Do you know how to build trust? Trust is one of the most powerful parenting and relationship tools we have and is essential to giving and receiving empathy. Critical as our children get older, it is a huge piece of the connection we form that helps to give our words power and guide them through life’s storms.
This video is a great check up on the essential qualities of trust by Brene Brown. Click here to view the video.
Are you struggling with trust in any of your relationships? This video will help you breakdown which pieces might need a little TLC.
I love this quote. It always reminds me to lead with empathy.
Ever wonder why kids seem to change just when you think you have them figured out? Each day they go to school and have many small experiences we know nothing about. Something a friend comments on, the way a teacher looks at them…these experiences change them and tell them a little more about the world. Try to always approach your child’s experience with curiosity. They may not be the same as they were yesterday.
“Everyone you meet is fighting a battle you know nothing about. Be kind.”
“I don’t like that man. I must get to know him better.” – Abraham Lincoln
Over the thanksgiving weekend try this advanced challenge. It’s easy to empathize with the people most like us but can you empathize with your adversary? Think about someone you have a lot of conflict with – could be a co-worker, your sibling, parent, your neighbour or anyone who rubs you the wrong way. Now really make an effort to put yourself in their shoes and see what the world must look like from their perspective.
Our present actions are a reflection of everything we have been through. Millions of tiny experiences, accumulated through a lifetime, teach us about how to survive and get the love and attention we all crave as humans.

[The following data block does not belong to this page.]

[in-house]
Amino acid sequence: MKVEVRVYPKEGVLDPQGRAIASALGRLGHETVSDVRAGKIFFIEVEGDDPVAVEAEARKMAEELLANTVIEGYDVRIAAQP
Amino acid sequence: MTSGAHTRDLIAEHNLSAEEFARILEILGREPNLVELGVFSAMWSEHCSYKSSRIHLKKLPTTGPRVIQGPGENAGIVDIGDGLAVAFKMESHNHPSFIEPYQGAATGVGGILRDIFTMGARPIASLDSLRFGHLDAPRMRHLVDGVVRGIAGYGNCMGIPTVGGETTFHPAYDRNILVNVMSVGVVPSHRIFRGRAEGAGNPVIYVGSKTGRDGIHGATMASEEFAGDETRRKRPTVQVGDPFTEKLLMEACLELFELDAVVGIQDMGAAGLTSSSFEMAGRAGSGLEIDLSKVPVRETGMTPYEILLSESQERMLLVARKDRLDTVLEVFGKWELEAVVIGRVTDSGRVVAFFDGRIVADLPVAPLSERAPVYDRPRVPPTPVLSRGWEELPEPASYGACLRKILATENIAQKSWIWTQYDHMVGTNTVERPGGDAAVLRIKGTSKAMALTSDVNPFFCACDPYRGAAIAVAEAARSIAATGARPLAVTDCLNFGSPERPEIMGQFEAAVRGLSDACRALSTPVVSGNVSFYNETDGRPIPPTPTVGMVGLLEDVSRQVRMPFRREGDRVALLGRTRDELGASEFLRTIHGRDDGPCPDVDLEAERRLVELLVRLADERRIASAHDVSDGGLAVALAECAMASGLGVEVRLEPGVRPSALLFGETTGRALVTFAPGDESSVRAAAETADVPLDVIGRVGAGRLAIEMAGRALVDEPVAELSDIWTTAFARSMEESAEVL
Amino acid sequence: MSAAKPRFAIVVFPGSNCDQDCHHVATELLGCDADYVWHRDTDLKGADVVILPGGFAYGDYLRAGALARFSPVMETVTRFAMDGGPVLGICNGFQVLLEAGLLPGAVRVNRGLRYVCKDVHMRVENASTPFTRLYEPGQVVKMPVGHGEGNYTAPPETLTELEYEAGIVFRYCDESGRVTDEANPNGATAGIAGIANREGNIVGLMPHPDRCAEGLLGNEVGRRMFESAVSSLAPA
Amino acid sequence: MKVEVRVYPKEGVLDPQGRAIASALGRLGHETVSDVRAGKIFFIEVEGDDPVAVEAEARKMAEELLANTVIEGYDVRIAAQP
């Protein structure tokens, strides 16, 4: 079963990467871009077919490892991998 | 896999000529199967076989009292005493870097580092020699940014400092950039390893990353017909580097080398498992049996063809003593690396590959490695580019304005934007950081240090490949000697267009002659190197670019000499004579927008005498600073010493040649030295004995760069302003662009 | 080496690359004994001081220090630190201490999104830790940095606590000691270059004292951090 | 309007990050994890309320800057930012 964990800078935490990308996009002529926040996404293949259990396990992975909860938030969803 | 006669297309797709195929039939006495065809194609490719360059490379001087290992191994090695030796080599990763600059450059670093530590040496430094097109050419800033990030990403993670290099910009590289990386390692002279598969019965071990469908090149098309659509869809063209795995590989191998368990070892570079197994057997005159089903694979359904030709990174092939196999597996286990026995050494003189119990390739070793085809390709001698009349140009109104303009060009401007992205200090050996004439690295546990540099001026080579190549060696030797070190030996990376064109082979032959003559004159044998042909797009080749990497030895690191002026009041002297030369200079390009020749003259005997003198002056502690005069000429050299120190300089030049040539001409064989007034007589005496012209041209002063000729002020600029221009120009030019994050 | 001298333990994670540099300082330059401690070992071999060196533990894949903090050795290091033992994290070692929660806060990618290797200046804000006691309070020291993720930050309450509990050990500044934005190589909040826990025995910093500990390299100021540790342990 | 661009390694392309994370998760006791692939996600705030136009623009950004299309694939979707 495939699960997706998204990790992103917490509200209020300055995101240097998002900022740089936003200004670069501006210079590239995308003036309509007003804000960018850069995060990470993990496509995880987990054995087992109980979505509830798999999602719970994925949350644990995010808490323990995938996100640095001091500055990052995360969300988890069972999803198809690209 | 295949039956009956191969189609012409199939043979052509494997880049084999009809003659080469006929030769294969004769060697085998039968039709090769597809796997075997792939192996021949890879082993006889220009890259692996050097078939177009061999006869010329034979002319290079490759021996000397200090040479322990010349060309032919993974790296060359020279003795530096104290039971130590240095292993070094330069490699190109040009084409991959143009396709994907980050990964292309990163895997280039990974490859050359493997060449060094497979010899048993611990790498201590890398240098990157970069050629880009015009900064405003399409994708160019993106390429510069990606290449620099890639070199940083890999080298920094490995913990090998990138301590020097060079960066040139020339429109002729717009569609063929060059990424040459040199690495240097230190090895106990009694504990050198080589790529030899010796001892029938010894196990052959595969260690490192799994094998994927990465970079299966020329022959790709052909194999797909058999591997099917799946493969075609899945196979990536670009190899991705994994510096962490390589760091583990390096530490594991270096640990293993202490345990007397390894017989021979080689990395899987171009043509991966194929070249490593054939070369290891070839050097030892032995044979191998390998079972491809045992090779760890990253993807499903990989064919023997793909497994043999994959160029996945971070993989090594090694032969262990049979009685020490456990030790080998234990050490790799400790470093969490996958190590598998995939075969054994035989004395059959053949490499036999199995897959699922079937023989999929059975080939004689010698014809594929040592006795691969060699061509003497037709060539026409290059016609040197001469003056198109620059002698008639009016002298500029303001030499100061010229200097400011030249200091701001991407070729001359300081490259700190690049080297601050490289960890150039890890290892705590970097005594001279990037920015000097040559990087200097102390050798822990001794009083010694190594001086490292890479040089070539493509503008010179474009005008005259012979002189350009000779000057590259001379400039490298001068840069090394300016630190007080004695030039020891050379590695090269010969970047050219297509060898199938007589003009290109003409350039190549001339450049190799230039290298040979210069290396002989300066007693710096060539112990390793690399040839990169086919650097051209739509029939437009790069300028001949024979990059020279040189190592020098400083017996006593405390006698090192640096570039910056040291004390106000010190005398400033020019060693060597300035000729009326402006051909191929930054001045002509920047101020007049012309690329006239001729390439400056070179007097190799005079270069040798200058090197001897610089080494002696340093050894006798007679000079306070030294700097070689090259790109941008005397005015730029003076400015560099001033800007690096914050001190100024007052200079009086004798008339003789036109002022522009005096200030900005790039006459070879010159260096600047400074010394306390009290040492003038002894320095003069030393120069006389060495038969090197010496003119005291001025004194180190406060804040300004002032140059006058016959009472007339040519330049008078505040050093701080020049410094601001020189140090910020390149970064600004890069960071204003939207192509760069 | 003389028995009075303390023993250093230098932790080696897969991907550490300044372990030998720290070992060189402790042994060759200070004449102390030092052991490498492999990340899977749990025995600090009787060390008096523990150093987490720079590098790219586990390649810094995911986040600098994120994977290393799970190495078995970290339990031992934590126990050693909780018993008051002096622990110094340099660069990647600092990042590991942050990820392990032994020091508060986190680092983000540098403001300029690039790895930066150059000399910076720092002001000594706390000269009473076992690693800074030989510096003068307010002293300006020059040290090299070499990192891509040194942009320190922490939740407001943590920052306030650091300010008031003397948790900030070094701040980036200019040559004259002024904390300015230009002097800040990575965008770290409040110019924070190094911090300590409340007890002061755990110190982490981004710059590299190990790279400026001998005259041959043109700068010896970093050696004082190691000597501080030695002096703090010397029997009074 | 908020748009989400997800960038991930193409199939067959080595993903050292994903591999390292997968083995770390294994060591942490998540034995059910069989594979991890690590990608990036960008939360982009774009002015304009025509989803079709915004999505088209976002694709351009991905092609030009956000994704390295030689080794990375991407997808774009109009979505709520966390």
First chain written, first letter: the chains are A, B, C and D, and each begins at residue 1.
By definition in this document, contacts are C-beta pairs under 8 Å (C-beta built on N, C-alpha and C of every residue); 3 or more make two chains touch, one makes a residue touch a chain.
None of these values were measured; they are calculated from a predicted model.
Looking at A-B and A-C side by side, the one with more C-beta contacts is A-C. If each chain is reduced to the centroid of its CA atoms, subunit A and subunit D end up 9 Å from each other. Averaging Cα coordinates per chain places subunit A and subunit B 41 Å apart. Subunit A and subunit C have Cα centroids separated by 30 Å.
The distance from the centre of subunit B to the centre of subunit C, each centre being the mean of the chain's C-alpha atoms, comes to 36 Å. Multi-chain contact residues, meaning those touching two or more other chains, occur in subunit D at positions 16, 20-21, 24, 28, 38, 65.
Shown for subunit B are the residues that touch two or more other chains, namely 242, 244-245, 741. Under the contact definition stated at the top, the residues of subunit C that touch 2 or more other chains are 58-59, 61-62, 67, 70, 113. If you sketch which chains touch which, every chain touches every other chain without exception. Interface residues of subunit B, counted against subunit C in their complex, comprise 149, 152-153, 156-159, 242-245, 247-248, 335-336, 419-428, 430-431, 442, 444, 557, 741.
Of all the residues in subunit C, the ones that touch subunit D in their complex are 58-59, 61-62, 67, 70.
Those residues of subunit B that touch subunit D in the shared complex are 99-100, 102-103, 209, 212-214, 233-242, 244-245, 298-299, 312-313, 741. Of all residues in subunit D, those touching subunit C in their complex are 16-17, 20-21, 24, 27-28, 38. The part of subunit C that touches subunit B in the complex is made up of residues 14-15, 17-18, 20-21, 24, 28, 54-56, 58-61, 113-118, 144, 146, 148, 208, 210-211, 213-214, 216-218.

Unfortunately for some, those life teachings don’t always build positive coping skills or reinforce healthy relationship dynamics. Just truly seeing people for who they are and what they could be going through helps us take these interpersonal conflicts much less personally. This doesn’t mean we are justifying bad behaviour but instead understanding how it may have come to be. Can you be kind and empathetic to someone who pushes your buttons and may not return the kindness your way?
Your power resides, not in what you get in return from others, but in your own ability to give.
Talking to strangers gets a bad wrap in parenting circles but teaching kids to get curious about strangers is a powerful tool to build empathy. The more we know about people’s lives who are different than us, the easier it is for us to put ourselves in their shoes and broaden our world view.
Challenge yourself to have at least one meaningful conversation with a stranger this week in front of your child. Help them understand safe situations to strike up conversations with new people. This could be the person sitting next to you in the doctor’s office, a new teacher at the school, etc. Approach conversations with curiosity, an open mind and instead of the usual small talk, ask a question like “How is your day going?” and genuinely listen for their answer.
This simple activity builds empathy, curiosity and courage… all shown to help us thrive.
Featured image by Luca Bravo on Unsplash.
Most of our power resides in the choices we make and how we choose to think about our story.
This is so beautifully highlighted by Leah of True Heart Tribe in this blog and is so powerful in helping to reframe challenges for us and our kids.
Thank you for sharing your journey Leah! I know you make me a better parent.
Featured image by hiva sharifi on Unsplash.
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